Master of None, Season 2I know, I know, everybody loves it, but THAT IS BECAUSE IT IS BEAUTIFUL. In particular, the episodes “New York: I Love You” and “Thanksgiving” are ebullient and loving portraits of regular people of color having regular life experiences, with an undercurrent of compassion and Ansarian joy in the world. In fact, the whole season is infused with Ansari’s joy and wonder at living, from his adorable celebratory chants with Arnold (“Eating in Italy is my favorite thing!”) to the gorgeous wide shots of Italian and American exteriors (and interiors: heads up, Brooklyn Museum!), to the deliciously lugubrious music, to his pleasure at simple memes (“Allora”). And while some people seem disappointed or frustrated with the love story, I think Ansari, Yang, and team actually do a remarkable job at portraying a very specific and understandable and relatable kind of excruciation. I wish that the love interest hadn’t been yet another white woman (the season is otherwise solid at presenting women of color in romantic roles), but they were in Italy, so there is some justification for it.

I Am Not Your Negro: From end to end, this film is a scorching fire of righteousness, and it’s smarter and more beautiful and more gutting and decimating and enraging than anything I can possibly say about it, except just go see it and feel it and take it in. And then, perhaps, do some kind of thing that will inch us forward in some kind of way, especially in this era of rekindled white supremacy. They’re shouting things they used to whisper, and we need to step up and SURJ.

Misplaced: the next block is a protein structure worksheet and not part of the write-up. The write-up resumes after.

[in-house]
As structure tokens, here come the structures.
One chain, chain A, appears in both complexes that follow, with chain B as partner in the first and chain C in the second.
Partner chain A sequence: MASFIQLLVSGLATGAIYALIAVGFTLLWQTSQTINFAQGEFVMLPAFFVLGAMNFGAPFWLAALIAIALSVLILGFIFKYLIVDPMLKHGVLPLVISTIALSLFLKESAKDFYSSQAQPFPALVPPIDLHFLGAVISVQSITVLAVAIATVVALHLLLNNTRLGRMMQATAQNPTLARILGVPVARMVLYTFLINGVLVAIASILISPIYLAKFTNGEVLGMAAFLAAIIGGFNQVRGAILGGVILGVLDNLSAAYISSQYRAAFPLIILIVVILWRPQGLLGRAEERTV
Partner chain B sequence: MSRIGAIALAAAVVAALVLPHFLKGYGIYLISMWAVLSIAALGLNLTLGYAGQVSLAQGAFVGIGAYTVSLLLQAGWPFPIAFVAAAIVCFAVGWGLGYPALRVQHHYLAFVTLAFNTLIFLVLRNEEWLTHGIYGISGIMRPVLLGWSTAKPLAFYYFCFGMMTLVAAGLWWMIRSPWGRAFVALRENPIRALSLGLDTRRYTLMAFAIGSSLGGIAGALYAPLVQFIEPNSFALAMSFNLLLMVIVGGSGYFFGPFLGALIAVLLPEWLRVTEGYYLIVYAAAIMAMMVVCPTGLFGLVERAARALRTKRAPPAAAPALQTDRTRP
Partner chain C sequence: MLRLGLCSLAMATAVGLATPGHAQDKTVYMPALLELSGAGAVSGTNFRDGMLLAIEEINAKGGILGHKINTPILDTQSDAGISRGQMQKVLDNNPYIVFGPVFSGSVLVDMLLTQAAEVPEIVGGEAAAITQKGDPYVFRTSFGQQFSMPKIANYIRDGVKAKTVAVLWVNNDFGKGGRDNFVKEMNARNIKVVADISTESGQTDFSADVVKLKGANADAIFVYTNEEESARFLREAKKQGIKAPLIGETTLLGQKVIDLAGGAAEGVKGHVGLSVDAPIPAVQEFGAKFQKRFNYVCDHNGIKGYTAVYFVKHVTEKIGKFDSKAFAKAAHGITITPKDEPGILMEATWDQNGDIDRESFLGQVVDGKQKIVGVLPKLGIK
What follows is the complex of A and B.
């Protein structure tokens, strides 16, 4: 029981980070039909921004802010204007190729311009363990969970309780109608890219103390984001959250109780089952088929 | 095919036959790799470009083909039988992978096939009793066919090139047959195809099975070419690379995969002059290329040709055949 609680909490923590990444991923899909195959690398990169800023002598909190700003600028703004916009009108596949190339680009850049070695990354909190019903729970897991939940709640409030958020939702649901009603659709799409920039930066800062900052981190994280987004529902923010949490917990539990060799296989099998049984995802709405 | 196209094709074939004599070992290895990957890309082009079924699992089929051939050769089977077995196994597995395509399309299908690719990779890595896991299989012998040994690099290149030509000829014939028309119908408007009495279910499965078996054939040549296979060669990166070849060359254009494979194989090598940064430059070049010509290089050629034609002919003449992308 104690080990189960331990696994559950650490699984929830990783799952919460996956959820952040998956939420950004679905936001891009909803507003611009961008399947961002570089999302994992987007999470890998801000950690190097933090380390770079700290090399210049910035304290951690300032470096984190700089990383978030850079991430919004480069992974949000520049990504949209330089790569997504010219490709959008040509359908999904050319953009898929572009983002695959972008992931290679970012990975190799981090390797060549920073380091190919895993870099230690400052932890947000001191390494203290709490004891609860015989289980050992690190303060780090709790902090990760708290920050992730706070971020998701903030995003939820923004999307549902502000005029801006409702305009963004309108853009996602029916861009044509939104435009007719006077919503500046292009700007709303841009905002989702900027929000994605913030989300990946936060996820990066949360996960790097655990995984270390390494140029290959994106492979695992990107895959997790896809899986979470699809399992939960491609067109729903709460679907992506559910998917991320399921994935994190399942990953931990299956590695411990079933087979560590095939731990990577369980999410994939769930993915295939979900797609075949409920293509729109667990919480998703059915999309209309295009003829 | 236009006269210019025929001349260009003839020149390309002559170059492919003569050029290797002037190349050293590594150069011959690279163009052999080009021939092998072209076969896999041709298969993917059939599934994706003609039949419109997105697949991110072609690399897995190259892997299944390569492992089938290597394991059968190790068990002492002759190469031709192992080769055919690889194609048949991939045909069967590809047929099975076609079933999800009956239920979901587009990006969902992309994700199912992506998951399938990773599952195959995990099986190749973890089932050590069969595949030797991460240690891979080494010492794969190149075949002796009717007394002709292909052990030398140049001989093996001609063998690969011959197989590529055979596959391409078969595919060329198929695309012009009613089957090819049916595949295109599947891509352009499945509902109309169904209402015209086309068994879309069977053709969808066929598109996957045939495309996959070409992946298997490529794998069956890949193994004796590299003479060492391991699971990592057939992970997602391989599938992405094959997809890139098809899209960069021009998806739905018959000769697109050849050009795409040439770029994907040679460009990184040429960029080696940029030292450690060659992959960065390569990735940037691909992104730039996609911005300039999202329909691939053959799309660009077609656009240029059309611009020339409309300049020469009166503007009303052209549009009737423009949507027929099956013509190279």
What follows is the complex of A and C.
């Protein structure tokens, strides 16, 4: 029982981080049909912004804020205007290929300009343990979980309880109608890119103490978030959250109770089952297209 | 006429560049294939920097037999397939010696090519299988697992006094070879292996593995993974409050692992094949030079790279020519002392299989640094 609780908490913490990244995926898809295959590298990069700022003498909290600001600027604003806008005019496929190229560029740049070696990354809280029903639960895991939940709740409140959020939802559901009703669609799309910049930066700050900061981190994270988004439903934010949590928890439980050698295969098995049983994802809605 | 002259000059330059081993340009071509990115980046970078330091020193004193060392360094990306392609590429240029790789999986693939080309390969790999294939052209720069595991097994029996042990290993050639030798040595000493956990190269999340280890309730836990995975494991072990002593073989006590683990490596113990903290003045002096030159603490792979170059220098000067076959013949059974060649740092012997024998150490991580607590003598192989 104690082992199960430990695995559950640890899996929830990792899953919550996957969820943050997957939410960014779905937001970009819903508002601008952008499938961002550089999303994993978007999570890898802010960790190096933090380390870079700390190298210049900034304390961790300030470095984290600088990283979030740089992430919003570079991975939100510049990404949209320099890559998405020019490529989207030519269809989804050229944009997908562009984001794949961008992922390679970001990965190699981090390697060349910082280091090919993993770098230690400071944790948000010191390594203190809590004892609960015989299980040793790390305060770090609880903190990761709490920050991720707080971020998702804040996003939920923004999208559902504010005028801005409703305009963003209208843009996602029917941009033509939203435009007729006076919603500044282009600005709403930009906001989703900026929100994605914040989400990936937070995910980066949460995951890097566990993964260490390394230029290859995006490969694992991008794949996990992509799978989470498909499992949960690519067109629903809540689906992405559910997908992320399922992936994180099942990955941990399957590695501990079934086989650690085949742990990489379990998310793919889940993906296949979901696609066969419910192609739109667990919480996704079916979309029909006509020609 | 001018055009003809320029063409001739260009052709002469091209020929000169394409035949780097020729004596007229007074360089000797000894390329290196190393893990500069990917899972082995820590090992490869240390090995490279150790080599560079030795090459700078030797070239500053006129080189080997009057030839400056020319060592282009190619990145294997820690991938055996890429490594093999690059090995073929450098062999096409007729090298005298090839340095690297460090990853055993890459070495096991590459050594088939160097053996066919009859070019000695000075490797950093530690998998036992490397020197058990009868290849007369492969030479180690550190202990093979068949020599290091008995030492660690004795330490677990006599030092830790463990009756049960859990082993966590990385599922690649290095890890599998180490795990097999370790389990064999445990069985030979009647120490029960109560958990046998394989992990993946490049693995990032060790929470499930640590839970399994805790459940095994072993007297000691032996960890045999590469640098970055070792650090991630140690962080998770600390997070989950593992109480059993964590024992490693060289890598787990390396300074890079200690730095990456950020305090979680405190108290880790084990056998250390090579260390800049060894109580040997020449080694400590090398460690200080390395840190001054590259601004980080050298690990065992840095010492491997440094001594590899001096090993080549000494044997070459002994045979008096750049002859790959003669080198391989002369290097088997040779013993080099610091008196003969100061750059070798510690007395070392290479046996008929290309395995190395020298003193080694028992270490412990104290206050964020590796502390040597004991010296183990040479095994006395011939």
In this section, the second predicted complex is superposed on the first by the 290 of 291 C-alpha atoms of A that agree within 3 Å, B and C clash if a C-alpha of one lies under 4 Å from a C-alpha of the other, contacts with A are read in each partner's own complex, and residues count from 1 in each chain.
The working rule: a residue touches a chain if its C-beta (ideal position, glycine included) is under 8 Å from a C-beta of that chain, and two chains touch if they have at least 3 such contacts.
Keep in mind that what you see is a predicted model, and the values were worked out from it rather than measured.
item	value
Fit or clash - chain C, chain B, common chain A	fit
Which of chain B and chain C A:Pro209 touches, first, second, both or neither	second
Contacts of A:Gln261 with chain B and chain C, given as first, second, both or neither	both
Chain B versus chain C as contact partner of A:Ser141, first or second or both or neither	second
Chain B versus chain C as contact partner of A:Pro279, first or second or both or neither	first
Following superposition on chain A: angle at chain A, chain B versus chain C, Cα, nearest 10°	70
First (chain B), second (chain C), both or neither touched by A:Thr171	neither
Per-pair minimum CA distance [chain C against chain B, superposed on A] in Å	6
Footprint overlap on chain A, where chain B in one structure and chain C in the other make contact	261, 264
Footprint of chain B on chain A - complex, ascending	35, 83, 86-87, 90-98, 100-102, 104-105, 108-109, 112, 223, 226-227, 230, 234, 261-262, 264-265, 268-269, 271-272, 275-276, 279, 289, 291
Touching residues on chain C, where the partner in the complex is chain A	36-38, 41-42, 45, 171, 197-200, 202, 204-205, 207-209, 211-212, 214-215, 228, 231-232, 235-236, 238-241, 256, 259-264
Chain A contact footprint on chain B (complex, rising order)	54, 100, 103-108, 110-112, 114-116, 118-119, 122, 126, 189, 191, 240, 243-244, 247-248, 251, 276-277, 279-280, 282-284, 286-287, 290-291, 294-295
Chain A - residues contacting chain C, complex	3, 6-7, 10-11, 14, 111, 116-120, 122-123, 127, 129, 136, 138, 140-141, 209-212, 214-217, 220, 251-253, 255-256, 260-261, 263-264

April Books and Movie

Sunday, April 23rd, 2017

Four “highly recommendeds” for your springtime enjoyment (and dismay):

1.  Ghettoside, Jill Leovy. Gripping account not only of a particular murder and subsequent investigation in L.A. in 2007 but of a policing and criminal justice system that is deeply failing black people and especially black men. One of the big surprises of the book is the idea that poor communities of color are vastly underpoliced, not overpoliced; in South Central L.A. as in any community of any ethnicity in any country, underpolicing  creates a gap of lawless instability that gets filled in by a street code. Fascinating and horrifying.